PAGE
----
dishes Has fupped in secret? Now a small basket at the first 95 Threshold is set, to be snatched by the gowned crowd. But he first inspects the face, and trembles, left Put in the place of another you come, and ask in a false name. Acknowledged you will receive. He commands to be

called by the crier The very descendents of the Trojans: for even they molest the threshold

100 Together with us : “Give to the Prætor-then give to the


Perhaps, in better days, when the clients and dependents of great men were invited to partake of an entertainment within. doors, there was a sportula, or dole-basket, which was diftri. buted, at large, to the poor, at the doors of great men's houses. Now times were altered ; no invitation of clients to feast within doors, and no distribution of doles, to the poor at large, without--none now got any thing here, but the excluded clients, and what they got was distributed with the utmost caution, l. 97-8.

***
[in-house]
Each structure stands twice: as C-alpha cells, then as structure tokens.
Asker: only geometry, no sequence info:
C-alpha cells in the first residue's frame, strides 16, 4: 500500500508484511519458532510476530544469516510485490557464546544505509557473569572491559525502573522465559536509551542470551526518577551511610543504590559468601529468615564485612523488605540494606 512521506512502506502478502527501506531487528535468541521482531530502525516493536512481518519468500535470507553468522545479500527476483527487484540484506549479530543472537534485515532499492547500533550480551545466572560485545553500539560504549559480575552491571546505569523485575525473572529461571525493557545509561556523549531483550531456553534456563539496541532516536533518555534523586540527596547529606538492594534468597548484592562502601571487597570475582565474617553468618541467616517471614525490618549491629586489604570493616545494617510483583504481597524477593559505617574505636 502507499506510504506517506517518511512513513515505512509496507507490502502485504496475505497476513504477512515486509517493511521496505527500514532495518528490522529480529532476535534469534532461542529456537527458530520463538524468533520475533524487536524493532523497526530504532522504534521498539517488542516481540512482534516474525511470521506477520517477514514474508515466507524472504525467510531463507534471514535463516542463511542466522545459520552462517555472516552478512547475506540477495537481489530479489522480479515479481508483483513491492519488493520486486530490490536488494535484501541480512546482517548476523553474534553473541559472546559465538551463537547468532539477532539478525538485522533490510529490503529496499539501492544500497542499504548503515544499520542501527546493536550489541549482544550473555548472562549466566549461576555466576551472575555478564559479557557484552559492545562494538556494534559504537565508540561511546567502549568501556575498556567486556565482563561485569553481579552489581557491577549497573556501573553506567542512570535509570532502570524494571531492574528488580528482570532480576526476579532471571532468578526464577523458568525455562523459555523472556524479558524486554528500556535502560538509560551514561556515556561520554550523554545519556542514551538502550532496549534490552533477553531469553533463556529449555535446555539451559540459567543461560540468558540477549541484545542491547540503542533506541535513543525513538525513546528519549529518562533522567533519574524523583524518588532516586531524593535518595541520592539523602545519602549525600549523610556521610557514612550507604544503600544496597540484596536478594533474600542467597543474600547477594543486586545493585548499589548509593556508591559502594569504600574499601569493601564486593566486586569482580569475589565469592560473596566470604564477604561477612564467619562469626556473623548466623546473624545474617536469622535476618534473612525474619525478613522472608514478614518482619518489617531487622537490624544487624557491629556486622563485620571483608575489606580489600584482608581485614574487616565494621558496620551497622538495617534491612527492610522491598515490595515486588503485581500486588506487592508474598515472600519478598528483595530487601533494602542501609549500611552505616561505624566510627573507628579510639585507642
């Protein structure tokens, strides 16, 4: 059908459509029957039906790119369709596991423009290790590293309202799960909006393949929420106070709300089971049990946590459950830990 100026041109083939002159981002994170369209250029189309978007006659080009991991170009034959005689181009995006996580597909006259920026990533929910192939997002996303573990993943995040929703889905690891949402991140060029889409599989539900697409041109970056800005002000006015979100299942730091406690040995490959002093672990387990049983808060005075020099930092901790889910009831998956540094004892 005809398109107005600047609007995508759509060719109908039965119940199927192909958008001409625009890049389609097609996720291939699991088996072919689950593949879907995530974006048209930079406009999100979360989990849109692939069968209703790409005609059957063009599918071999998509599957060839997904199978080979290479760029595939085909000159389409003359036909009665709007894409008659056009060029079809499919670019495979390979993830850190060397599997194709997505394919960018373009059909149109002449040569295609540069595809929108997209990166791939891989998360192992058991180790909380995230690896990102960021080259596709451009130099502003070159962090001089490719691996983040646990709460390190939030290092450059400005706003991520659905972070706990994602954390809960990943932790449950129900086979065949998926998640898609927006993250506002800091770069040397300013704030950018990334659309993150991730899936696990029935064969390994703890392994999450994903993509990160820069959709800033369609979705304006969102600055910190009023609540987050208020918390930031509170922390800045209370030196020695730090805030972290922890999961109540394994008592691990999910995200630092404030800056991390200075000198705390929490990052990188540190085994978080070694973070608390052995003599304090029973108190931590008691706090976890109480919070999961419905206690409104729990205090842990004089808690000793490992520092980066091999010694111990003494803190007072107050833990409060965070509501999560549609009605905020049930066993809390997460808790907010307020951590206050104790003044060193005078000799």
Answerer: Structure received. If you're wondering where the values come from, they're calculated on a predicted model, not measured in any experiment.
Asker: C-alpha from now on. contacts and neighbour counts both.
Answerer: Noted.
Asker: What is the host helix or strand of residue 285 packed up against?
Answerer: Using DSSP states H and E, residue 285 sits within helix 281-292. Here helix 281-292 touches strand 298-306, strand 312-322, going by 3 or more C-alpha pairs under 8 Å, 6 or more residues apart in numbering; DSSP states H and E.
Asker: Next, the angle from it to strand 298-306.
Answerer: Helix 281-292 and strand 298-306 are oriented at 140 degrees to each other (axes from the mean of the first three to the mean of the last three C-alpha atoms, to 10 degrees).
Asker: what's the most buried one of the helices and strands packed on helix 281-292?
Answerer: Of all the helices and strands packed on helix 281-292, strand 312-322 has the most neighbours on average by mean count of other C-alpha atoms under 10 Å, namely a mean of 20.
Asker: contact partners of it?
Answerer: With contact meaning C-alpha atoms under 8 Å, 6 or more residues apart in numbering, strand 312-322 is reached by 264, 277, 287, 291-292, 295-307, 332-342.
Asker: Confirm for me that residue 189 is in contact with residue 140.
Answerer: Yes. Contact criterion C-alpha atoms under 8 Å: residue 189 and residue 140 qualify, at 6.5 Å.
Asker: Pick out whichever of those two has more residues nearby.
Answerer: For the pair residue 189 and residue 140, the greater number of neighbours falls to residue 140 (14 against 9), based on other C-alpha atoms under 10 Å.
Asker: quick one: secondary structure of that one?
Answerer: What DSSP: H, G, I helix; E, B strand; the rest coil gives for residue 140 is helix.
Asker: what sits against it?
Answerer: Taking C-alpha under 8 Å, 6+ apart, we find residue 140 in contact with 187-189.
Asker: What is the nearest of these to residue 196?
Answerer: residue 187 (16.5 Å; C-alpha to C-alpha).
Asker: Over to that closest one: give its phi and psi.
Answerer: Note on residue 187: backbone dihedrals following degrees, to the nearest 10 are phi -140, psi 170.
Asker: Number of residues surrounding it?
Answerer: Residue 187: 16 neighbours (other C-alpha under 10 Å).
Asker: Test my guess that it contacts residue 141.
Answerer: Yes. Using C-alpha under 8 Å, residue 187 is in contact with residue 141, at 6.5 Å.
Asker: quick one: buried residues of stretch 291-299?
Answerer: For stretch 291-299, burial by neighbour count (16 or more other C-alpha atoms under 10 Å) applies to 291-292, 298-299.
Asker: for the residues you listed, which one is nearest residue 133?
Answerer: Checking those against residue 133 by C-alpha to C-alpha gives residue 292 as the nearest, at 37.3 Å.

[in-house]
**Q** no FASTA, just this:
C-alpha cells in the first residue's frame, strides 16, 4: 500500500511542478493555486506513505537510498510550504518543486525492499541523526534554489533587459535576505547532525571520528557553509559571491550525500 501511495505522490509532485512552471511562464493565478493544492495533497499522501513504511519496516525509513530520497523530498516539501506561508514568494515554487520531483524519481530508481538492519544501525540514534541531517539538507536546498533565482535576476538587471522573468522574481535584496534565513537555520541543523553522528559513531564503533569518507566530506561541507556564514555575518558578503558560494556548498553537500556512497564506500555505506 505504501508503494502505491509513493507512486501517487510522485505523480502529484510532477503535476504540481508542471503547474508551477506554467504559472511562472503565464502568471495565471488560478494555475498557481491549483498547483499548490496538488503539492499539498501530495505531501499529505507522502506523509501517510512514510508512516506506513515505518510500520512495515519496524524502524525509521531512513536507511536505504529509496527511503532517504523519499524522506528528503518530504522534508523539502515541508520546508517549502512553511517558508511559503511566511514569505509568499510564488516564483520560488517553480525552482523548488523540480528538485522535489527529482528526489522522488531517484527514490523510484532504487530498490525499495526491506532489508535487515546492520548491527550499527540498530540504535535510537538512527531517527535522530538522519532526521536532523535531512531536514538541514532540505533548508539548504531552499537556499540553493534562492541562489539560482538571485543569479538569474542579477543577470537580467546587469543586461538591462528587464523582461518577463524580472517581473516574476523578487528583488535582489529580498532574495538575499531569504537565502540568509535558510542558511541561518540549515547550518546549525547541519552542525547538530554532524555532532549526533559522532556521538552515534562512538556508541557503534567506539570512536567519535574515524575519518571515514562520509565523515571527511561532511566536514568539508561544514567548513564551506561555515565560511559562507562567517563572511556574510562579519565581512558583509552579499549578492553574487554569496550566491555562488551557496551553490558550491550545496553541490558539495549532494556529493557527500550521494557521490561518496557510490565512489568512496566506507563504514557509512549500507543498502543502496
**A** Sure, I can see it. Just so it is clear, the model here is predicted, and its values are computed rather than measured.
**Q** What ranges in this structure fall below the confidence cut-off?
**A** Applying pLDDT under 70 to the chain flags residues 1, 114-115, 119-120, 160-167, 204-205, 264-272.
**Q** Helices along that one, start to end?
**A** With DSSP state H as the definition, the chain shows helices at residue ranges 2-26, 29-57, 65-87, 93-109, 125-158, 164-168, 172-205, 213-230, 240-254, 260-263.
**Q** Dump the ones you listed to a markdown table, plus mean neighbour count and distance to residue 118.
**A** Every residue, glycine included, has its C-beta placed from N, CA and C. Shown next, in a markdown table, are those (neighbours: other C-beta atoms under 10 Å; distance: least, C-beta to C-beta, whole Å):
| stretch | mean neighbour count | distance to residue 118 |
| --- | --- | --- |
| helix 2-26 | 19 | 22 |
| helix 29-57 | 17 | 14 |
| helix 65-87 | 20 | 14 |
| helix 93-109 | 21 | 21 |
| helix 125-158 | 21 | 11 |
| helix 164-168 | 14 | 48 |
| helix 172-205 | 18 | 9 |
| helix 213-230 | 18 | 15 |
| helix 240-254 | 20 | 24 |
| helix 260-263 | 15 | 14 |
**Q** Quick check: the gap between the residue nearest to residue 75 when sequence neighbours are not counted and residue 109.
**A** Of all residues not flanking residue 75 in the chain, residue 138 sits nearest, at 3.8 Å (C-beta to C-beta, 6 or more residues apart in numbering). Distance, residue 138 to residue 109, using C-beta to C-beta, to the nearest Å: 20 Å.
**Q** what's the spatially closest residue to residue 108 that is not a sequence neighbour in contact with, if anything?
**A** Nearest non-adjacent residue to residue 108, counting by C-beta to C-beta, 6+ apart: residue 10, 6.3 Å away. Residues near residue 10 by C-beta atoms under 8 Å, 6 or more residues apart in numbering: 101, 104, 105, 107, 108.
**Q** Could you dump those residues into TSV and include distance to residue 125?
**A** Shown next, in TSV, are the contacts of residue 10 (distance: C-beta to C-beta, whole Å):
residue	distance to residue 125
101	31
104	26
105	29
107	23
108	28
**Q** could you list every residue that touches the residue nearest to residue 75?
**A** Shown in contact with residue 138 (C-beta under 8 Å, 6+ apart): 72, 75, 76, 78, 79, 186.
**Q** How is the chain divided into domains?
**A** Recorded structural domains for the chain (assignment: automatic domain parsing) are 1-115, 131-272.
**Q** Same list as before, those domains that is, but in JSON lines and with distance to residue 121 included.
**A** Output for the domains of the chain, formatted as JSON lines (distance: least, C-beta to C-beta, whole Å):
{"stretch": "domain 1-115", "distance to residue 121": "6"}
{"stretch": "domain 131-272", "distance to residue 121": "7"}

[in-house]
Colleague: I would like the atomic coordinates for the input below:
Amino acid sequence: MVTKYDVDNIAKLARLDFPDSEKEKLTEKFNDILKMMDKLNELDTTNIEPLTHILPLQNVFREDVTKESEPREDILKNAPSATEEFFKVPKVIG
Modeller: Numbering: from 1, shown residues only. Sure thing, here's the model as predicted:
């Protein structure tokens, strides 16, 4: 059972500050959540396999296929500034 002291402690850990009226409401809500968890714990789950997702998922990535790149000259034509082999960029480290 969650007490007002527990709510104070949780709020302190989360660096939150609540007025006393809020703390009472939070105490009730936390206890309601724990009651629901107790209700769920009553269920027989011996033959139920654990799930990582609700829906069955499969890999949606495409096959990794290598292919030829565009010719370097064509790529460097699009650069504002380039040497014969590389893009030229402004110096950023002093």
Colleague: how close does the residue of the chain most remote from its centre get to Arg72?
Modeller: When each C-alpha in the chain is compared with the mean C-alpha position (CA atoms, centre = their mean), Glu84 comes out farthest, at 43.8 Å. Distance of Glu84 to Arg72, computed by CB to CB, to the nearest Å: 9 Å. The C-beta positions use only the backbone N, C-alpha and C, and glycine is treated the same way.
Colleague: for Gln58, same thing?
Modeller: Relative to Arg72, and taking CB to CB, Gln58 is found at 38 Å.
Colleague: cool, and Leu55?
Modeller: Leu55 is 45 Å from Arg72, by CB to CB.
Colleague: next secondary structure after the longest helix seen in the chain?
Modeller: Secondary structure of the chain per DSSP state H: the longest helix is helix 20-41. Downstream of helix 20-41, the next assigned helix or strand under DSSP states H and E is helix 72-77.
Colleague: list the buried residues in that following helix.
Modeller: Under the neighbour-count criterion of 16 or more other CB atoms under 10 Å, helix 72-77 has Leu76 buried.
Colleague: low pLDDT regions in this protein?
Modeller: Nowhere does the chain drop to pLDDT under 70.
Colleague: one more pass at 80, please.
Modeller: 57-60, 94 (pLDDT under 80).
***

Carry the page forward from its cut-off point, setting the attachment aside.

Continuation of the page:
He commands to be called.) i. e. Summoned called together. The poet is now about to inveigh against the meanness of many of the nobles, and magistrates of Rome, who could suffer themselves to be summoned, by the common crier, in order to share in the distribution of the dole-baskets.

100. The very descendents of the Trojans.] Ipfos Trojugenas-from Troja-or Trojanus-and gigno.-The very people, says he, who boast of their descent from Æneas, and the antient Trojans, who first came to settle in Italy ; even these are so degenerate, as to come and scramble, as it were, among the poor, for a part of the sportula. The word ipfos makes the sarcasm the stronger.

Moleft the threshold.] Crowd about it, and are very troublesome. So Hor. Lib.i. Sat. viii. 1. 18.hunc vexare locum. 101. With us.] Avec nous autres as the French fay.

Give to the Prætor.] In Juvenal's time this was a title of a chief magiftrate, something like the lord-mayor of London-He was called Prætor Urbanus, and had power to judge matters of law between citizen and citizen, This seems